Pain is the most common symptom of any illness, and is defined by the International Association for the Study of Pain (IASP) as âan unpleasant sensory and emotional experience associated with either actual or potential tissue damage, or described in terms of such damageâ. Palliative care specialists liaise and work with all the parties involved to treat and manage pain and symptoms in a coordinated plan. Often a palliative care physician or nurse can suggest alternatives to GPs or specialists that provide a better pain management outcome. Symptoms may include: Pain, Fatigue, Frustration, Difficulty breathing, Difficulty swallowing, Lack of appetite, Constipation Hope and hopelessness, Confusion. There are some guidelines for pain management in palliative care: Assessment of each pain fully before starting or changing analgesics; usage a pain assessment tool, Recording of a pain score and reviewing the patient regularly. Physical pain types include: nociceptive pain, neuropathic (nerve) pain, nerve pain, bone pain and episodic pain. Patients with pain may also have significant emotional, social or spiritual problems. When it comes to medications for pain management, there are two broad categories: opioids, which dull pain systemically, throughout the body; and adjuvant analgesics, or helper medications that can target specific types of pain, often by fighting inflammation. Opioid medications are available only by prescription. There are several opioid drugs that palliative care physicians most commonly prescribe for moderate to severe pain in the context of a serious, life-threatening illness. They are known as opioid analgesics: Hydrocodone, Morphine, Fentanyl, Oxycodone, Hydromorphone.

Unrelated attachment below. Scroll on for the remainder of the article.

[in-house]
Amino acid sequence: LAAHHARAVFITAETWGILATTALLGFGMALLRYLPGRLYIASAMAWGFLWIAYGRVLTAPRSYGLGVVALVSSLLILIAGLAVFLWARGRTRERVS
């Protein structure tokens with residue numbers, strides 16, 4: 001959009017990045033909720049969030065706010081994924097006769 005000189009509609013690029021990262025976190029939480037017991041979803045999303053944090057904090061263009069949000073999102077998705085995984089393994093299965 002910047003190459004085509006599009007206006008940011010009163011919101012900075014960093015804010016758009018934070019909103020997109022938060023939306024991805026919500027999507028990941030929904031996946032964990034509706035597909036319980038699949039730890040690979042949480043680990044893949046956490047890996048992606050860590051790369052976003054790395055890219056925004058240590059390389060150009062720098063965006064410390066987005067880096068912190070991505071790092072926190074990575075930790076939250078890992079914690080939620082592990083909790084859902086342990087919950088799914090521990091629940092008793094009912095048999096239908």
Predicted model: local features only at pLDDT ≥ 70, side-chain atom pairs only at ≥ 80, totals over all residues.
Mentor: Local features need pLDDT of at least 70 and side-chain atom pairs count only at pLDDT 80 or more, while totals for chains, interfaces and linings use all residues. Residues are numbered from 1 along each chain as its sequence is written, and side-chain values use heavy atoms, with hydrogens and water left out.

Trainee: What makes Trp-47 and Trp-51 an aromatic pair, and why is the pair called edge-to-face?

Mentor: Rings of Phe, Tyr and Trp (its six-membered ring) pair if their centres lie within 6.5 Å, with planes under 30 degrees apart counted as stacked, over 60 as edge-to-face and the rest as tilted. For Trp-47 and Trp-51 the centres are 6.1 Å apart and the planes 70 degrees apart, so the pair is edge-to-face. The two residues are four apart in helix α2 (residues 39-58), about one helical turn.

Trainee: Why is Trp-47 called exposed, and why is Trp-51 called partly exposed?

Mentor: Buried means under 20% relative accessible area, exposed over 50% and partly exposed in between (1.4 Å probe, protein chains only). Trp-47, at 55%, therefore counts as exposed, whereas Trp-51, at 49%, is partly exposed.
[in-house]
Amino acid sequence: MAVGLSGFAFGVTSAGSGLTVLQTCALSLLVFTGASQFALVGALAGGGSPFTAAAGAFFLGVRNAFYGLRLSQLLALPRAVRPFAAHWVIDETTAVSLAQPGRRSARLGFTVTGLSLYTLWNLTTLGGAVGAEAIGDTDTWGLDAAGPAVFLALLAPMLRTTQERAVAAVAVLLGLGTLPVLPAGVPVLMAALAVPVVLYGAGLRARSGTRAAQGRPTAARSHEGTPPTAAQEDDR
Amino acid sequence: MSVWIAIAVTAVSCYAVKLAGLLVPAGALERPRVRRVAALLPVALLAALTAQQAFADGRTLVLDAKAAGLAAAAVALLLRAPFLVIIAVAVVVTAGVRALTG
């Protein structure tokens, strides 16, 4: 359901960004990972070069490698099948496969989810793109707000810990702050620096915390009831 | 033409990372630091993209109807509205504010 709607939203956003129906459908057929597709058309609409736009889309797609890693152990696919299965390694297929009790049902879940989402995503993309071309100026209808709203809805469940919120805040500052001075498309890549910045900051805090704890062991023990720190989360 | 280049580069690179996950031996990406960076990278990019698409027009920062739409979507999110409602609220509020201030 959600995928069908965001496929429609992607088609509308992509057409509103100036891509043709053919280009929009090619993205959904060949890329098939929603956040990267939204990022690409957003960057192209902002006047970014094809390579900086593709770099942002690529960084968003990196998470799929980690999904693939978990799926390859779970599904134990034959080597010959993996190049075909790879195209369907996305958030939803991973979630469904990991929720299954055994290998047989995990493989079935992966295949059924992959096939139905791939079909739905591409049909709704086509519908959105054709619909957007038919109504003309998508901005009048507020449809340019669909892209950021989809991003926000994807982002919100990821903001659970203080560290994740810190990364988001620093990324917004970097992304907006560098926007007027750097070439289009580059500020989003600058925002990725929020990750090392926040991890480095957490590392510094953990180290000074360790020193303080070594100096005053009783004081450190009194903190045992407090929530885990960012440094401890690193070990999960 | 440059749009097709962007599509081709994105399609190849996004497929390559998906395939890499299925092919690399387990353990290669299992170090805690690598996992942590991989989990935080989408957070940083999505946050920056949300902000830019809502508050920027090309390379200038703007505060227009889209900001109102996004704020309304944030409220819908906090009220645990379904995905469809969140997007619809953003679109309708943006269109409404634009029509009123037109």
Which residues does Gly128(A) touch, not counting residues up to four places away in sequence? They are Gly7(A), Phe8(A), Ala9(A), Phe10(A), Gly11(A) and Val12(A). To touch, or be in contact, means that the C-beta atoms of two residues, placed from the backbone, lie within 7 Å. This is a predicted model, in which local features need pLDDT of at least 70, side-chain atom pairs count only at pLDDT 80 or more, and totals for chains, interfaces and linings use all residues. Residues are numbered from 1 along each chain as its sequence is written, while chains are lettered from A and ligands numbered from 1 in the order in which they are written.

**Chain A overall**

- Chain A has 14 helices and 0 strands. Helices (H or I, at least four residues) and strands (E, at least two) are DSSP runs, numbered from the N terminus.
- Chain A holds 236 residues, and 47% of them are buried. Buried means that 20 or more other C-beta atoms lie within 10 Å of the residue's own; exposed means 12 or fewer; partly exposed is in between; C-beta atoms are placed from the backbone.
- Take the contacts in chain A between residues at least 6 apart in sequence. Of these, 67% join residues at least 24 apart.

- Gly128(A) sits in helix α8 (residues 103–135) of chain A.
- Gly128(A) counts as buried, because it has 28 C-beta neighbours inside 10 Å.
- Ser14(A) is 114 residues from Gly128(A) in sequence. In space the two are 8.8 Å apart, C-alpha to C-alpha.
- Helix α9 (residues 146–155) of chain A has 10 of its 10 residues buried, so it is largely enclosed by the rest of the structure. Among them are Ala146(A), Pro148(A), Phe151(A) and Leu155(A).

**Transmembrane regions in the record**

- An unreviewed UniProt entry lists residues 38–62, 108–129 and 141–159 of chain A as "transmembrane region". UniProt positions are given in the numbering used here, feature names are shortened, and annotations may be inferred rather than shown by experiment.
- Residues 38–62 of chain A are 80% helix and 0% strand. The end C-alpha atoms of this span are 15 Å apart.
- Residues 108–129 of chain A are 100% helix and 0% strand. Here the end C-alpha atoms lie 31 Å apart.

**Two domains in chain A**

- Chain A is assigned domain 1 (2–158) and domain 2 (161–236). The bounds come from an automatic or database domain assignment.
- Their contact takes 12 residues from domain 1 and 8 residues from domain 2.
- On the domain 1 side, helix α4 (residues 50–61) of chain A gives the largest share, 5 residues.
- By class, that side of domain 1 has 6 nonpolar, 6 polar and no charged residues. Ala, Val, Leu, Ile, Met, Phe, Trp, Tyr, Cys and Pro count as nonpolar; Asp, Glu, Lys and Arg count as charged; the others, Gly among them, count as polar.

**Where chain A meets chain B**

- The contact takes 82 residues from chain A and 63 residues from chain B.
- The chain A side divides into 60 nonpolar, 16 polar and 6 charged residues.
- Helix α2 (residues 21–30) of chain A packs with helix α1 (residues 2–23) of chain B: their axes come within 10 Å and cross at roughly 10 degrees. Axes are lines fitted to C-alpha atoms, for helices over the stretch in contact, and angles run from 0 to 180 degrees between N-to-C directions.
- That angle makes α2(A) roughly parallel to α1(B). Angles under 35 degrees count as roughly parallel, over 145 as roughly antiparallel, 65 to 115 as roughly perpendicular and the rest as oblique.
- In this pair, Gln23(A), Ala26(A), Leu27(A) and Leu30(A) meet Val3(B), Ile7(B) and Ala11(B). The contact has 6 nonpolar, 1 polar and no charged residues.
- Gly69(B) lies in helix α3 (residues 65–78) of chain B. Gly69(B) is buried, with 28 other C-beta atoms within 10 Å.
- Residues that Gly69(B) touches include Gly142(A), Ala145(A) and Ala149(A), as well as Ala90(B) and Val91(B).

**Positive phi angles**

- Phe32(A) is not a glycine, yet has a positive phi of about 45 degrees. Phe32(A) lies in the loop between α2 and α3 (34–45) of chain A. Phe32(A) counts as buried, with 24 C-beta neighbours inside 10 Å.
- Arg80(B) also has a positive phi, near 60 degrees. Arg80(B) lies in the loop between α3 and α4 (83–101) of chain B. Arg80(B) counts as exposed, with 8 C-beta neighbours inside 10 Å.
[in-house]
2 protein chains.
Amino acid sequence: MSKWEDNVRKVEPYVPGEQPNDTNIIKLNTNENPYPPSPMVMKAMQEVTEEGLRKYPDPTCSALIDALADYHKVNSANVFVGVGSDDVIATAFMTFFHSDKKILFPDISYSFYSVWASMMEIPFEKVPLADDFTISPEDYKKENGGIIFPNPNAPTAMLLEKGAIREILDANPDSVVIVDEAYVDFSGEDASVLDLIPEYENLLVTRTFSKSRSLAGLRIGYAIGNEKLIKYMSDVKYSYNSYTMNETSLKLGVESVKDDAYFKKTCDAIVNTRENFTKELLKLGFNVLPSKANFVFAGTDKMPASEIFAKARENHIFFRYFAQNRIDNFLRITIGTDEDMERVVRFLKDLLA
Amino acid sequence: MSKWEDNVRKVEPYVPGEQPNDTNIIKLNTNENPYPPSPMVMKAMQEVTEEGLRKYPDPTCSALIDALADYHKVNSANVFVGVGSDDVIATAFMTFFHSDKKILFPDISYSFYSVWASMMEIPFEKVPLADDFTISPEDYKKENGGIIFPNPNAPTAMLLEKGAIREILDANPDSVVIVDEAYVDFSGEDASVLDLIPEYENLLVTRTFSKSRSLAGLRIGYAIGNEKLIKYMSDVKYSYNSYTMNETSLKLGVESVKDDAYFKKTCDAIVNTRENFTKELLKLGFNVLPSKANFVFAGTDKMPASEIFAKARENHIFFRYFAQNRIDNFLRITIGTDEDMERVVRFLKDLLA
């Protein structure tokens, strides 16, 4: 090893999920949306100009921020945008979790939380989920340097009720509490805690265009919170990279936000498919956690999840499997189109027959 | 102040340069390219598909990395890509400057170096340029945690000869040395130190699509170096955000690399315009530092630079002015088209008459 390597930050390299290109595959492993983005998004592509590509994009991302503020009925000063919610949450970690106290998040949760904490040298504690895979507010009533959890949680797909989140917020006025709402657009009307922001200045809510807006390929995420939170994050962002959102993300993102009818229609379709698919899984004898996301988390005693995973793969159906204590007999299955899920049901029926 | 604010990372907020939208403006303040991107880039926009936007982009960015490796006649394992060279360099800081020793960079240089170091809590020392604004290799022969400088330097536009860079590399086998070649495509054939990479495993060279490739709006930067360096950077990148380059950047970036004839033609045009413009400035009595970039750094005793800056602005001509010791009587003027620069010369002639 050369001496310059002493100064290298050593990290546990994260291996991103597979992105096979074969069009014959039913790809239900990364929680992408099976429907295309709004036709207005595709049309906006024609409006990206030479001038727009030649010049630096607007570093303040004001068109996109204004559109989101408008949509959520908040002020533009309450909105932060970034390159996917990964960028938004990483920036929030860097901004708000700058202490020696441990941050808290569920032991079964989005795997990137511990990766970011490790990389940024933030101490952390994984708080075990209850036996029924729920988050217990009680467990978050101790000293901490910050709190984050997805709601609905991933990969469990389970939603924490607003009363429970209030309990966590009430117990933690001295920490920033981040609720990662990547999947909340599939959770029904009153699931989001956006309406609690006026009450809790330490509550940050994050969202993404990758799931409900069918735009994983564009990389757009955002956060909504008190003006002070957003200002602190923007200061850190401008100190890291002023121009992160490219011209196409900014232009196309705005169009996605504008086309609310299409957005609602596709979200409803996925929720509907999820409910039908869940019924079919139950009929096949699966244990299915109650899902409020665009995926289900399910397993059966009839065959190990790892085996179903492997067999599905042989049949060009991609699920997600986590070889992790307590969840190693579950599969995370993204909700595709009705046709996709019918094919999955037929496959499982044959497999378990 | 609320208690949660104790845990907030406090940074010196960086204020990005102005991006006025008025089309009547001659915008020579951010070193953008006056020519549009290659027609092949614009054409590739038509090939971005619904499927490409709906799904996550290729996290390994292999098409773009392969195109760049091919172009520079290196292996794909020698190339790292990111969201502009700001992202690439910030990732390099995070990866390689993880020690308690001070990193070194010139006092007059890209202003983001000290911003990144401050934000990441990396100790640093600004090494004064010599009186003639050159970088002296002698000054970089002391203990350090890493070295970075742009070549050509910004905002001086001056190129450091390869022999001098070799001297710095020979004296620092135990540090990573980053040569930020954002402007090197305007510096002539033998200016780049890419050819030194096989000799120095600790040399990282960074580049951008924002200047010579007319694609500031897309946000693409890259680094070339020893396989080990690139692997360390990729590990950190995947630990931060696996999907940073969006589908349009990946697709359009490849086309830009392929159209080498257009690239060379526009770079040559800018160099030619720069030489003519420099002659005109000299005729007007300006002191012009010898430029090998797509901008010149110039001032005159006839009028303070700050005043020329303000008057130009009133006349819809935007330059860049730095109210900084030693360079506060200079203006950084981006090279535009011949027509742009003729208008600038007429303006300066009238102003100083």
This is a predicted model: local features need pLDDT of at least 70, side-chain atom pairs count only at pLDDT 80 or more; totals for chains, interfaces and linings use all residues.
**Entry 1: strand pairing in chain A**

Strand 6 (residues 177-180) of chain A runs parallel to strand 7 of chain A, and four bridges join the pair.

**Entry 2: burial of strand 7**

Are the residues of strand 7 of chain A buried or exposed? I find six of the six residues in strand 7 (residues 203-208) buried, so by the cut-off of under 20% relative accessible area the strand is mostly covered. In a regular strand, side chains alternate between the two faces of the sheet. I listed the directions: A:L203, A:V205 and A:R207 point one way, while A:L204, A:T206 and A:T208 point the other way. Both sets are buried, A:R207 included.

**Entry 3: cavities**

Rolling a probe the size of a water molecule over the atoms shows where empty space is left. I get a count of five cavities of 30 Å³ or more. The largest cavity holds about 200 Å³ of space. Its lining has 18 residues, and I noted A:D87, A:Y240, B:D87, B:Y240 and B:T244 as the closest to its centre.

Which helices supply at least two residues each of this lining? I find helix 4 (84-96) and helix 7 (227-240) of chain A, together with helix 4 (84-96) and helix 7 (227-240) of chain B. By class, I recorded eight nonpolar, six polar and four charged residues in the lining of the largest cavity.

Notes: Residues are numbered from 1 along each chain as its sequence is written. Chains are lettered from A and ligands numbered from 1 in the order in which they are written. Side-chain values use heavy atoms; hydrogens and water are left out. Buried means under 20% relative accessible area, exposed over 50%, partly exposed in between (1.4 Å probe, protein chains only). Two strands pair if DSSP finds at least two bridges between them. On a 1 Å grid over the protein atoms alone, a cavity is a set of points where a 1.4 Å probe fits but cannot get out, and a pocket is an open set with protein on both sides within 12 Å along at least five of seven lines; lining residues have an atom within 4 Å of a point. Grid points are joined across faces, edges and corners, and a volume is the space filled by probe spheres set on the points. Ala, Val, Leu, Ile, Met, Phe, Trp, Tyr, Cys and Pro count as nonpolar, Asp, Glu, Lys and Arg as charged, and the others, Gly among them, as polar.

Last date updated on July, 2014